We continued to visit the cemetary up until I was in highschool.  By then it had lost its appeal.  Who would want to traipse through the woods when one could stay at home and watch the Discovery Channel?

Fast forward to today:  Recently my Father-in-Law has begun researching my family tree.  I’ve never given the topic much thought, but suddenly I find myself obsessed it.  This weekend I’m going to my grandmother’s house to have a look at the family Bible which my grandfather purchased when she was pregnant with my father and his sister.  Pregnant with twins and he goes out and buys a $75 bBible.  A hefty sum for such an item in the late 1950’s.  The Bible holds several generations of names and information for my father’s side of the family. 

While I’m there, I am going to hop across the road to see if I can find that old church and cemetary again.  Even though none of my relations are buried there, I don’t want those who have been laid to rest there to be forgotten.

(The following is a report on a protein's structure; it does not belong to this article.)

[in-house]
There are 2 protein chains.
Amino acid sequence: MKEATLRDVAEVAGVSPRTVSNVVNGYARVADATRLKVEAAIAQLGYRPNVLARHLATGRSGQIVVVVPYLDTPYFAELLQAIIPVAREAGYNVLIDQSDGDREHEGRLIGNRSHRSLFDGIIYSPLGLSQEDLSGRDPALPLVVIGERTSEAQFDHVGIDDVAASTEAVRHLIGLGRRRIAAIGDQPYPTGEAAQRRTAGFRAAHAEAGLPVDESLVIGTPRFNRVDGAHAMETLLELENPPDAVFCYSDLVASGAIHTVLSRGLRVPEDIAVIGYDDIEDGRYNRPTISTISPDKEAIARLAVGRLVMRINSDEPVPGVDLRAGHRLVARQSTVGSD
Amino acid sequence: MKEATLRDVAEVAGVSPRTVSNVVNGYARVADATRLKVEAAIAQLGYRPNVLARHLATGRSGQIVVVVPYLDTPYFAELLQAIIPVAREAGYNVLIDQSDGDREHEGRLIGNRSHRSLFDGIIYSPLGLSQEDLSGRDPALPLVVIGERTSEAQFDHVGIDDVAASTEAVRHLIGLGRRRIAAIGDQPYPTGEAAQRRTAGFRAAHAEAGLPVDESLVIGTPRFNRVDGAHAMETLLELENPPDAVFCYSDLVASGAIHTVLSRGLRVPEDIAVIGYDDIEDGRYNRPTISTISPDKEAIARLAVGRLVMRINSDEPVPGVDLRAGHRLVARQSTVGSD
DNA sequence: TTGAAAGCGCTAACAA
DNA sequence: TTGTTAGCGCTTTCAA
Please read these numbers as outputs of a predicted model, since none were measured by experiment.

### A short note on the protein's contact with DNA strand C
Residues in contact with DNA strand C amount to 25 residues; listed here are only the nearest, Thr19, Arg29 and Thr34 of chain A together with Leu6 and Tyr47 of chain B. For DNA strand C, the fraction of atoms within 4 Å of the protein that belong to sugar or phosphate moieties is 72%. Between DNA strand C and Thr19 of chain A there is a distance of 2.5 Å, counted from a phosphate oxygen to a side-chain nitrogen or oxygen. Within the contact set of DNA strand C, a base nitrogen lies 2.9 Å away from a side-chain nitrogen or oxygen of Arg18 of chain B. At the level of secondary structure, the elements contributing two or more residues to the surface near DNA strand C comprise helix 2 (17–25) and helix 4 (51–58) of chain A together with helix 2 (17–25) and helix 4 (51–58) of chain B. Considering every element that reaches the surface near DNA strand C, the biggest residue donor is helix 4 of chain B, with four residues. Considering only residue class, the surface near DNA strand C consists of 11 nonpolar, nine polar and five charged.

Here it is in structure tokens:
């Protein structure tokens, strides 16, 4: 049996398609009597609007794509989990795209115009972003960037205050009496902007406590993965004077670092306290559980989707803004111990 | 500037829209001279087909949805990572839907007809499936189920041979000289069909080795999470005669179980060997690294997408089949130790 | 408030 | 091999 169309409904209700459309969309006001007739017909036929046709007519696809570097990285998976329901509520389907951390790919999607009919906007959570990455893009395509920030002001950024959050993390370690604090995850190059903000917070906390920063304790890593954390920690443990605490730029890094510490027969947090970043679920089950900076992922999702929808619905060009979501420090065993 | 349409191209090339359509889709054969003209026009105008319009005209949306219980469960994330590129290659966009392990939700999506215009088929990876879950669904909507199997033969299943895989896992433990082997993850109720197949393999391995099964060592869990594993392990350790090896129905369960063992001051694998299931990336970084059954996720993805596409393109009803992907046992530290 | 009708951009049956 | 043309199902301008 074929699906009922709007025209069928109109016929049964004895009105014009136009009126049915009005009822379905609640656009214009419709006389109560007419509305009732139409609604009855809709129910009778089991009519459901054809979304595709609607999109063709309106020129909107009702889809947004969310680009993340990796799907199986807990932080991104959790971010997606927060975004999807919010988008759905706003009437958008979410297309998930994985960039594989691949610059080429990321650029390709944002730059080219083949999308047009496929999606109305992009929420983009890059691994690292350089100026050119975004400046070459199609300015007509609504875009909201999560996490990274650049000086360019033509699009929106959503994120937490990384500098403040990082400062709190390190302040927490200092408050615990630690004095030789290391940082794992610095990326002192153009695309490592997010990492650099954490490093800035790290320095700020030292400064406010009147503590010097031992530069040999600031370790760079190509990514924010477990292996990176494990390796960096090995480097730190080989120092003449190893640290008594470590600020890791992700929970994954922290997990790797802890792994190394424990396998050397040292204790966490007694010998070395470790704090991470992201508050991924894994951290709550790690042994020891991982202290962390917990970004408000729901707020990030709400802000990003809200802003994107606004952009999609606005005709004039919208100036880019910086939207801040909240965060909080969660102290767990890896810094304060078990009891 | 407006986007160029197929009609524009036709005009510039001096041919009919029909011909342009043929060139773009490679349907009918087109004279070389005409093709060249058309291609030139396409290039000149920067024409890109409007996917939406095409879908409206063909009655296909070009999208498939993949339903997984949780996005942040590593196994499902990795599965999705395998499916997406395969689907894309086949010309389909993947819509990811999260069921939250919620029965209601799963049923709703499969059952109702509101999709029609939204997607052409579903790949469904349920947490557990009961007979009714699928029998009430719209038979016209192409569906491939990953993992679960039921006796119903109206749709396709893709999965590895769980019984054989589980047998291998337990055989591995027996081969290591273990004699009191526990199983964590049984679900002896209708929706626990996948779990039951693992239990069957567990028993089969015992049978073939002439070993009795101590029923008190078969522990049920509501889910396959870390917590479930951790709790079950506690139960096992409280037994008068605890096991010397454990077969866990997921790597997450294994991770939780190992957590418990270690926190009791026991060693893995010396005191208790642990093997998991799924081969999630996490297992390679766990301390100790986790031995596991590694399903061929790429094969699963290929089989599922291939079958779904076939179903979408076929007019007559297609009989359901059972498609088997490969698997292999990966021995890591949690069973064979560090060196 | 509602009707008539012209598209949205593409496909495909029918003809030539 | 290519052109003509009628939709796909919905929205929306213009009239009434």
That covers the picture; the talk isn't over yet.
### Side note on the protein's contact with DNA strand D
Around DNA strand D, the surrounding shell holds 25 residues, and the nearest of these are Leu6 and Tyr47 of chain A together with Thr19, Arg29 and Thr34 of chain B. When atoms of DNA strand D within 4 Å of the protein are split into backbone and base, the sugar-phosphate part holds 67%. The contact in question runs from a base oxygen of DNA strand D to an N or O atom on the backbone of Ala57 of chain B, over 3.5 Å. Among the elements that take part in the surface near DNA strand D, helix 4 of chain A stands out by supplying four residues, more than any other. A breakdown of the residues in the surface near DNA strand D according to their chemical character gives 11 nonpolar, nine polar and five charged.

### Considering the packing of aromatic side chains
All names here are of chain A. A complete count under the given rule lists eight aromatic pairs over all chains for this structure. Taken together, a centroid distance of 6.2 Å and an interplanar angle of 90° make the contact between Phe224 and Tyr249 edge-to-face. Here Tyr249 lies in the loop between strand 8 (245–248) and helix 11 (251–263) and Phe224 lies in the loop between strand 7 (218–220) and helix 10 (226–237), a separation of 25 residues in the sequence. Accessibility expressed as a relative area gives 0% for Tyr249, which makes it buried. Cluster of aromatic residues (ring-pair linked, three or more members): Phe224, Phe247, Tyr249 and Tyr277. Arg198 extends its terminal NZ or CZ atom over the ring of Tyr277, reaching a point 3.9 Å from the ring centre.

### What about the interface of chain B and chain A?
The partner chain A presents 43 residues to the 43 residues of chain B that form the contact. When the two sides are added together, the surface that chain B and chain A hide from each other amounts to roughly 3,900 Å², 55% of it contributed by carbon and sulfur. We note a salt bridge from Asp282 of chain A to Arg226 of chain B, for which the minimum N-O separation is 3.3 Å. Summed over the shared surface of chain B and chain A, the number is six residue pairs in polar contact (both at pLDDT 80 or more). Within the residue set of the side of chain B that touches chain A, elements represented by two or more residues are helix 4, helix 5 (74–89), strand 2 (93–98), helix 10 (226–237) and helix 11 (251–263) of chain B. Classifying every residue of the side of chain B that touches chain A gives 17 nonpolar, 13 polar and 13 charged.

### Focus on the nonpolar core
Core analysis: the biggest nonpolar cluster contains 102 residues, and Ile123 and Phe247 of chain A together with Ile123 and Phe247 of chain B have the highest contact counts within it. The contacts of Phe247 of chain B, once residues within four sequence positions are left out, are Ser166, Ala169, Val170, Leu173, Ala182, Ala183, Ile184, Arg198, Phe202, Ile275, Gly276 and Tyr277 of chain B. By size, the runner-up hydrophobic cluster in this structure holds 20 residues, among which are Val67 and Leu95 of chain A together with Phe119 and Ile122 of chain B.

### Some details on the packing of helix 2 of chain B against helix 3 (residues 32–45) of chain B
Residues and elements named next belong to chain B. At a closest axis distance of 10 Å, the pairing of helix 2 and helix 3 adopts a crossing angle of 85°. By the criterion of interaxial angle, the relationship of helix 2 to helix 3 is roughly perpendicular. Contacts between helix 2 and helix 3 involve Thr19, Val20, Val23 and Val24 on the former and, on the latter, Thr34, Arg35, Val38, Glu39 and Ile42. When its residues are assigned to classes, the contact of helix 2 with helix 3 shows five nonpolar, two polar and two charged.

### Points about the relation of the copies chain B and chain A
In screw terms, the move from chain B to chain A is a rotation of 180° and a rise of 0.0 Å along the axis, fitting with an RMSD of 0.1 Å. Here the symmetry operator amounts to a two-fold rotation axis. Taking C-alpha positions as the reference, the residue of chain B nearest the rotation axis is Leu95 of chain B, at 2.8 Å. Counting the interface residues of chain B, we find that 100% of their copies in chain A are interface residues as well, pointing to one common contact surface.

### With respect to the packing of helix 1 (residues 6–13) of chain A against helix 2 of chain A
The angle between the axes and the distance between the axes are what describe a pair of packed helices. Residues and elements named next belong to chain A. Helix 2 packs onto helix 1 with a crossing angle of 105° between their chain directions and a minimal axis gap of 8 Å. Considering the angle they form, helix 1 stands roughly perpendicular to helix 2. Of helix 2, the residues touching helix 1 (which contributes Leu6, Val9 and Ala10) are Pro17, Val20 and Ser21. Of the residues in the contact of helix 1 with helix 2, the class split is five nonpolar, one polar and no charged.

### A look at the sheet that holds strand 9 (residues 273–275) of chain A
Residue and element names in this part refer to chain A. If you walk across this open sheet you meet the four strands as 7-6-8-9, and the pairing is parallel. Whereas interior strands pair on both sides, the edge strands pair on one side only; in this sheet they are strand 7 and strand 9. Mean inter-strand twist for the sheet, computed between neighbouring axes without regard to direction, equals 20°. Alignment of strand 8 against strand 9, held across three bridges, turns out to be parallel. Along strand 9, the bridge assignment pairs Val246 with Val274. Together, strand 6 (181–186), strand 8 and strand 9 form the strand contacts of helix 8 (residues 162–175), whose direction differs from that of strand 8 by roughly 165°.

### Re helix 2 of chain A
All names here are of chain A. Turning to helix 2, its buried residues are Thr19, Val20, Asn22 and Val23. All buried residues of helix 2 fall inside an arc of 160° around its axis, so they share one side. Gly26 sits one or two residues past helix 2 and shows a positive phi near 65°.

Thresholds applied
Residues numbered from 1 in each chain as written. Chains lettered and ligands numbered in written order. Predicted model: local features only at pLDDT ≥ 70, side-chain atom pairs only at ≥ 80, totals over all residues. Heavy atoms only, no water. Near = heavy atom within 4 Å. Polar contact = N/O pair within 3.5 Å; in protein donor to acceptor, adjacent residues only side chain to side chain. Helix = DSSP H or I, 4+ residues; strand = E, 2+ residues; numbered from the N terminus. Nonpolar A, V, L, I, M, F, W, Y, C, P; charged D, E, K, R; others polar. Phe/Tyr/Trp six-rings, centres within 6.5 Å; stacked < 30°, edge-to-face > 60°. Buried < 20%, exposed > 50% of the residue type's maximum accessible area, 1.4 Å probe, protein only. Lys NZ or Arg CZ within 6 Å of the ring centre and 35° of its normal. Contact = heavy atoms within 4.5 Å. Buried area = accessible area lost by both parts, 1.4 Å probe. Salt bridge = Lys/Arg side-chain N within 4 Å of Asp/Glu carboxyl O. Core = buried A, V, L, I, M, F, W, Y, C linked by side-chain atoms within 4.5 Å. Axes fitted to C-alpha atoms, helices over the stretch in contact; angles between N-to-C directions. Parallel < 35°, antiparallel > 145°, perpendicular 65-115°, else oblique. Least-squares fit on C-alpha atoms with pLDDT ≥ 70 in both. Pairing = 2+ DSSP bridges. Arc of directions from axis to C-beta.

Hopefully next week I’ll have some pictures to share with you. 

Shoe Update:

The missing pair of shoes mysteriously showed up at my front door yesterday.  Hmm.  *stroking imaginary moustache*

Day Two, No Shoe

27 Jan

I’m glad to see that you have all tuned in for the exciting conclusion of the shoe debacle.  (Not as exciting as Bush’s shoe debacle, but just as frustrating.)

Day Two of no shoes dawned just like the first: no shoes, but plenty of blame to go around.  I was blaming UPS and UPS, in a round-about way, was blaming me.  Ah, UPS, your unfriendly operator may say that she believes me, but her sarcastic remarks and condescending tones says differently:

Yours Truly: “Hello?”

UPS: “Yes, you’ve reported’ that your have not received your order?”

Yours Truly: “That’s right.”  (I segway into a short story of what transpired the night before.)

UPS: “How odd considering the driver recorded that he gave the package to a young boy.”  “How do you explain that, ma’am?”

Yours Truly: “Well…”  (Again, I make it clear that at no point did anyone in my household see/talk to a UPS employee.)

UPS: “Hmmm…interesting.”  *tisk, tisk*

After a five-minute trail without jury, courtesy of the UPS customer service “lady,” I was set free with the promise of an investigation.  Gee, thanks…I think.

How did I go from being the victim to the suspect?  I can understand her distrust, though.  I get lied to by my customers as well:

 “Yes, I can’t pay my rent because my mother just died.”

“Um…last month you said she died this past Thanksgiving…so, she’s died twice?”

However, in this instance, I am most certainly telling the truth.